- Keywords > Clinical Practice Guidelines (CPGs)
- Keywords > criteria of medicines selection
- Keywords > HIV infection and STIs
- Keywords > opportunistic infections and other HIV-related
- Keywords > reproductive tract infections
- Keywords > sexual and reproductive health
- Keywords > sexually transmitted infections (STIs)
- Keywords > treatment guidelines
- Keywords > treatment protocols
(2004; 88 pages)
5.5. Notification and management of sexual partners
The sexual partners of STI patients are likely to be infected themselves and should be offered treatment. Further transmission of STI and re-infection are prevented by referral of sexual partners for diagnosis and treatment. Female partners of male STI patients may well be asymptomatic; thus, partner notification and management offers an opportunity to identify and treat people who otherwise would not receive treatment. Partner notification should be considered whenever an STI is diagnosed, irrespective of where care is provided.
Notification can be by patient referral or by provider referral. In patient referral an infected patient is encouraged to notify partner(s) of their possible infection without the direct involvement of health-care providers, while in provider referral health-care providers or other health-care workers notify a patient's partner(s).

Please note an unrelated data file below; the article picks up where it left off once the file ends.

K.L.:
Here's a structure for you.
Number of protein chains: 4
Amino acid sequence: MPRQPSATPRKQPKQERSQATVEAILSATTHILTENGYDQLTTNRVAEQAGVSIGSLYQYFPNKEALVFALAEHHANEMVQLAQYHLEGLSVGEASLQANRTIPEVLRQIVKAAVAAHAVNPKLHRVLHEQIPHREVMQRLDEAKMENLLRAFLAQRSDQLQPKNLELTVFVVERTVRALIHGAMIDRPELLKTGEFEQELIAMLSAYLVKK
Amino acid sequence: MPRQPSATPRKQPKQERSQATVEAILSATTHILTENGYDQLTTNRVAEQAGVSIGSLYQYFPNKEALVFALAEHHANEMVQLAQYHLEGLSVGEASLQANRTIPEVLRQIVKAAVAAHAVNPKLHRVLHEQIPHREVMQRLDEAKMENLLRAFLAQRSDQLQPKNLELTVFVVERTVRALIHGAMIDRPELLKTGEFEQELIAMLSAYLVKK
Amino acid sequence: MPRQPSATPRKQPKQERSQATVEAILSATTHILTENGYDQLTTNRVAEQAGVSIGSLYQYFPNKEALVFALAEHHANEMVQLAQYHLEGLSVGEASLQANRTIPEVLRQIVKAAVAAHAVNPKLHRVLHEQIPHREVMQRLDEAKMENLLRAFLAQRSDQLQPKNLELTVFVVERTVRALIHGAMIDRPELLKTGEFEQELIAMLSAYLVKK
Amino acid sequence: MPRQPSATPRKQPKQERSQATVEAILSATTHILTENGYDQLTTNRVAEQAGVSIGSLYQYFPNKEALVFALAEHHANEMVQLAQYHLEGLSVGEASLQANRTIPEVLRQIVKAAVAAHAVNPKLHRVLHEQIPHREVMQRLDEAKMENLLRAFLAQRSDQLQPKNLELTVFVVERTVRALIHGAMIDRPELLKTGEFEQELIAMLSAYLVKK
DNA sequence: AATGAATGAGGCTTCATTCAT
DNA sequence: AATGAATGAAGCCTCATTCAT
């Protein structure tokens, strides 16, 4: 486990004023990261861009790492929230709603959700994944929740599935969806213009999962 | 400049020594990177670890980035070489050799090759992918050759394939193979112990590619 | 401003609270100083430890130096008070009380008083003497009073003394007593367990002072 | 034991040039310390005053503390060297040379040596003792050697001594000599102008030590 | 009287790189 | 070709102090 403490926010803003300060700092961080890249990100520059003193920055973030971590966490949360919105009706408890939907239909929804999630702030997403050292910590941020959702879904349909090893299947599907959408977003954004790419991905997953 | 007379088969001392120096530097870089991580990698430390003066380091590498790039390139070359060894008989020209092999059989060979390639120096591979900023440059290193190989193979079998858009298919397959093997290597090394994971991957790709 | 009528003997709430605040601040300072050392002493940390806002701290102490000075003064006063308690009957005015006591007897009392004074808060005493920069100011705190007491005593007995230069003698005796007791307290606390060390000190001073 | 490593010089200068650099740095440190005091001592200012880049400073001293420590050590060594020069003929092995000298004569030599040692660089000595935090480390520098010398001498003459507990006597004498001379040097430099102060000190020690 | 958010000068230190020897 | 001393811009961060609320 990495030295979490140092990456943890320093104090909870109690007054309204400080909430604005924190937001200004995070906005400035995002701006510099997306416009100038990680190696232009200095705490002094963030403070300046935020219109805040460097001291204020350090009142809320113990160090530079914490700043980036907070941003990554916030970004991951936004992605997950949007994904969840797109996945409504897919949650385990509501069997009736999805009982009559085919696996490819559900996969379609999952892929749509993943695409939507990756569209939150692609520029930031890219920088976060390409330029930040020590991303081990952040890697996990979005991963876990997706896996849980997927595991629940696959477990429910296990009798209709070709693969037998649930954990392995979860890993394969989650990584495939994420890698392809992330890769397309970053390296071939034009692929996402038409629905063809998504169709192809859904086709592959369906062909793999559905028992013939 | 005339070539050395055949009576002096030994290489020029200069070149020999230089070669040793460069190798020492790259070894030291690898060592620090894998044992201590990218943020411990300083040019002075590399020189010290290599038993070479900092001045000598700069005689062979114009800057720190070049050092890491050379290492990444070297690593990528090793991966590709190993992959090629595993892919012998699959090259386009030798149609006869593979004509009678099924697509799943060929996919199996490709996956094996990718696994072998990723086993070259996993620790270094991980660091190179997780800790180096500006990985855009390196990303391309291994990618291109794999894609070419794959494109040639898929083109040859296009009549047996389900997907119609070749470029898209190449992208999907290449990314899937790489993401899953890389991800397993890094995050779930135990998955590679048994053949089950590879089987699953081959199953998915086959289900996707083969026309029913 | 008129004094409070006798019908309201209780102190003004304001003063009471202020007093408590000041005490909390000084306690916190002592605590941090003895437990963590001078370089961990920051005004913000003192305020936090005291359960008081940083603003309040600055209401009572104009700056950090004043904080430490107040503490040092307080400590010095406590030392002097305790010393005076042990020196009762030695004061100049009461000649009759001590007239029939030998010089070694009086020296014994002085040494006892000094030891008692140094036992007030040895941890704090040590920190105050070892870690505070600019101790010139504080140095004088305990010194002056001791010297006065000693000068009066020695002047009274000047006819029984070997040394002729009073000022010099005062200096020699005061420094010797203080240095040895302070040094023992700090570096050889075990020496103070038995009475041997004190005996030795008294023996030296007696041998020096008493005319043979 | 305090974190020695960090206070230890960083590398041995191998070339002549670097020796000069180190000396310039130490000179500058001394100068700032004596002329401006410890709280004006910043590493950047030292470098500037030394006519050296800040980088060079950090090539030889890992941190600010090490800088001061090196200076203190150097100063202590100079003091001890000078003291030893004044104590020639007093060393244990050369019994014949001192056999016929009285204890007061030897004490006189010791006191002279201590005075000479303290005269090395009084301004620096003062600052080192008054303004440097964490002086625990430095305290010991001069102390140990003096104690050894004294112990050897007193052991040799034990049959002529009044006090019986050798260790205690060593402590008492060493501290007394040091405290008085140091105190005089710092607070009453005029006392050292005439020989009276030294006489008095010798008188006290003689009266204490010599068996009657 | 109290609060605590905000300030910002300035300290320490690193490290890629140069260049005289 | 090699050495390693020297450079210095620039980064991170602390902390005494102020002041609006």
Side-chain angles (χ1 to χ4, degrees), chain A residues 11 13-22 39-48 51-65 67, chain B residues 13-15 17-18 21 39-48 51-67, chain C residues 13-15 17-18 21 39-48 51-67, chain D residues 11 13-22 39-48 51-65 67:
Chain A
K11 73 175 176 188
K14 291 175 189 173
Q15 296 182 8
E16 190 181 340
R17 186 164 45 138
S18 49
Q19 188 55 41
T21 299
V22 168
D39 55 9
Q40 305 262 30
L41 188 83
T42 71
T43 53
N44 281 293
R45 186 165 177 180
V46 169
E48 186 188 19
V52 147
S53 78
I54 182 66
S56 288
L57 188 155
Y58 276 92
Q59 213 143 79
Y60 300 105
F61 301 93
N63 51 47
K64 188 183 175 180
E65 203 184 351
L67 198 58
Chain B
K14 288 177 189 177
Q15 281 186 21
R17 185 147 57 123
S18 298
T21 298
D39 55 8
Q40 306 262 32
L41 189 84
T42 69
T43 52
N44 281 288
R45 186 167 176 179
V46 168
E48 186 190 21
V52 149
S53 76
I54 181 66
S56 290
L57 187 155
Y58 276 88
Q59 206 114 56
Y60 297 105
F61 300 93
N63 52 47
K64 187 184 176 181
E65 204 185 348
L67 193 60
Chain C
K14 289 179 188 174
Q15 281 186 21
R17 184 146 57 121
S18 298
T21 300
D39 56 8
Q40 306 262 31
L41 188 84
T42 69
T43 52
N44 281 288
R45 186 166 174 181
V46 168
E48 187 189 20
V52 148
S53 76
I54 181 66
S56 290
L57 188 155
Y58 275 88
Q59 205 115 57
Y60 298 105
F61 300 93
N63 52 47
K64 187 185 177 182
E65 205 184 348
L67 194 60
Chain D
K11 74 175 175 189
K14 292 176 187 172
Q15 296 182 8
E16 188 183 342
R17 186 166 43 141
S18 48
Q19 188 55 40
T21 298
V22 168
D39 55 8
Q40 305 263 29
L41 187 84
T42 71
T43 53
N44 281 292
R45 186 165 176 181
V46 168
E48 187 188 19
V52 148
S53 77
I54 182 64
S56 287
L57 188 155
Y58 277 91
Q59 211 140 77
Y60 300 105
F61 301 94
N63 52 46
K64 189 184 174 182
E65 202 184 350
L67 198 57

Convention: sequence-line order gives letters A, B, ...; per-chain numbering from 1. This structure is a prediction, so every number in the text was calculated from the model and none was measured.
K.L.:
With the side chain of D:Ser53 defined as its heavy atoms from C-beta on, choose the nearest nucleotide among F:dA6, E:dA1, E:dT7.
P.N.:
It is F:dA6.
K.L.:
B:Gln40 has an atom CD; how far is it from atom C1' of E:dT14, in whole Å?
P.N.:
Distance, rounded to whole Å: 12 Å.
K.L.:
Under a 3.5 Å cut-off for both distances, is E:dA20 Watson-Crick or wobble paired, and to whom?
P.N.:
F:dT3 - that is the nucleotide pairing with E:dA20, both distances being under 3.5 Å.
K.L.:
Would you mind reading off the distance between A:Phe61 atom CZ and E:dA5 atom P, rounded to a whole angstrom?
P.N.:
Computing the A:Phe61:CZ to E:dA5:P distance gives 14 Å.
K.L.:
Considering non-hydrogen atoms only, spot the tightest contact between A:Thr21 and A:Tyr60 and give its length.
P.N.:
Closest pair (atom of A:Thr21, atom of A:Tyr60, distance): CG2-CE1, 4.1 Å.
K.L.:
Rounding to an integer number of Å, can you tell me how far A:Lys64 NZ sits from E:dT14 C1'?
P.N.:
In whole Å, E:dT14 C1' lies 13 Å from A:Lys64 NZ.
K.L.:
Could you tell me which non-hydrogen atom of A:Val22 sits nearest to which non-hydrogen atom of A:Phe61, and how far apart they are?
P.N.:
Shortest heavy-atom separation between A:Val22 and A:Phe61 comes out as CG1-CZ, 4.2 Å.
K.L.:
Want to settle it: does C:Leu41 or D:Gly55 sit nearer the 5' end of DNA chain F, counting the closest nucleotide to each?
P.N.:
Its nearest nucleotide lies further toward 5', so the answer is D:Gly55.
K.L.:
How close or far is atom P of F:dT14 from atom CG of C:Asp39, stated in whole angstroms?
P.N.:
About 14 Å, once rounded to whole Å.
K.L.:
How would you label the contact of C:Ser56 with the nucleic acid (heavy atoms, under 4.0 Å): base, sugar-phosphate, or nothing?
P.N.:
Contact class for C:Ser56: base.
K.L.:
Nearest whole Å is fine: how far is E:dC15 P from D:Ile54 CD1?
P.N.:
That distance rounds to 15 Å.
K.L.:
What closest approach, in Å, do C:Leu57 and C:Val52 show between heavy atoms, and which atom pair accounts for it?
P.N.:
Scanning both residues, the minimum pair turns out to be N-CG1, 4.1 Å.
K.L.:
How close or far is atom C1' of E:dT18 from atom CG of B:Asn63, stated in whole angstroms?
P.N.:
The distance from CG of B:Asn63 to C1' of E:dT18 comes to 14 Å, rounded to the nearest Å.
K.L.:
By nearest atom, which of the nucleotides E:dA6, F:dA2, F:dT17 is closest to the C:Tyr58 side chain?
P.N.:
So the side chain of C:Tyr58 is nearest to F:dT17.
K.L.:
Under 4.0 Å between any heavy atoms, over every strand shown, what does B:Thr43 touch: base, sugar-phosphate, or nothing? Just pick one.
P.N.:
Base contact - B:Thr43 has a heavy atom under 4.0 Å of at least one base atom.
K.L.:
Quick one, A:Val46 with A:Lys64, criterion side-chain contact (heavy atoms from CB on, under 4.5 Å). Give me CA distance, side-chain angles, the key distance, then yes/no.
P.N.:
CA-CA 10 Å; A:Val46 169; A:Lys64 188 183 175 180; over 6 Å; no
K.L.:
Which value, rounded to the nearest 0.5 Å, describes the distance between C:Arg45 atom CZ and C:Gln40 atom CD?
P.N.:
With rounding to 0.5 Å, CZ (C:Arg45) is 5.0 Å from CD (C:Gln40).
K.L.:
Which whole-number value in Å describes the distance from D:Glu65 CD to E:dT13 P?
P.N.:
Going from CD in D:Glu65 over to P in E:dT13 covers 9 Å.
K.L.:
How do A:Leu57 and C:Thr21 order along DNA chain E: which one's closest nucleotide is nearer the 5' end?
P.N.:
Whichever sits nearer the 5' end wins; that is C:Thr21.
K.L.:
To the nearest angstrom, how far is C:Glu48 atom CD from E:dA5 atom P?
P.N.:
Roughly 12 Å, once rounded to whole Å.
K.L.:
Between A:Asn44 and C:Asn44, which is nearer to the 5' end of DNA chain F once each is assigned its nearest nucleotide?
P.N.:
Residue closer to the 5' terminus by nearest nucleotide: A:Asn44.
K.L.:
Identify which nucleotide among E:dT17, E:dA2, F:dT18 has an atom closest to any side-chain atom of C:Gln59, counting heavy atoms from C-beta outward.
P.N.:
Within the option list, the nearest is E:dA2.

Partner notification should be conducted in such a way that all information remains confidential. The process should be voluntary and non-coercive. The aim is to ensure that the sexual partner(s) of STI patients, including those without symptoms, are referred for evaluation.
Management of sexual partners is based on knowledge of the index patient's diagnosis (syndromic or specific). The following three strategies can be adopted for the treatment of partners:
• offer immediate epidemiological treatment (treatment based solely on the diagnosis of the index patient) without any laboratory investigation;
• offer immediate epidemiological treatment, but obtain specimens for subsequent laboratory confirmation;
• delay treatment until the results of definitive laboratory tests are available.
The strategy selected will depend on:
• the risk of infection
• the seriousness of the disease
• the availability of effective diagnostic tests
• the likelihood of a person returning for follow-up
• the availability of effective treatment
• the likelihood of spread if epidemiological treatment is not given
• the available infrastructure for follow-up of patients.
WHO recommends that epidemiological treatment (with the same treatment regimen used for the index patient) should be given to all sexual partners.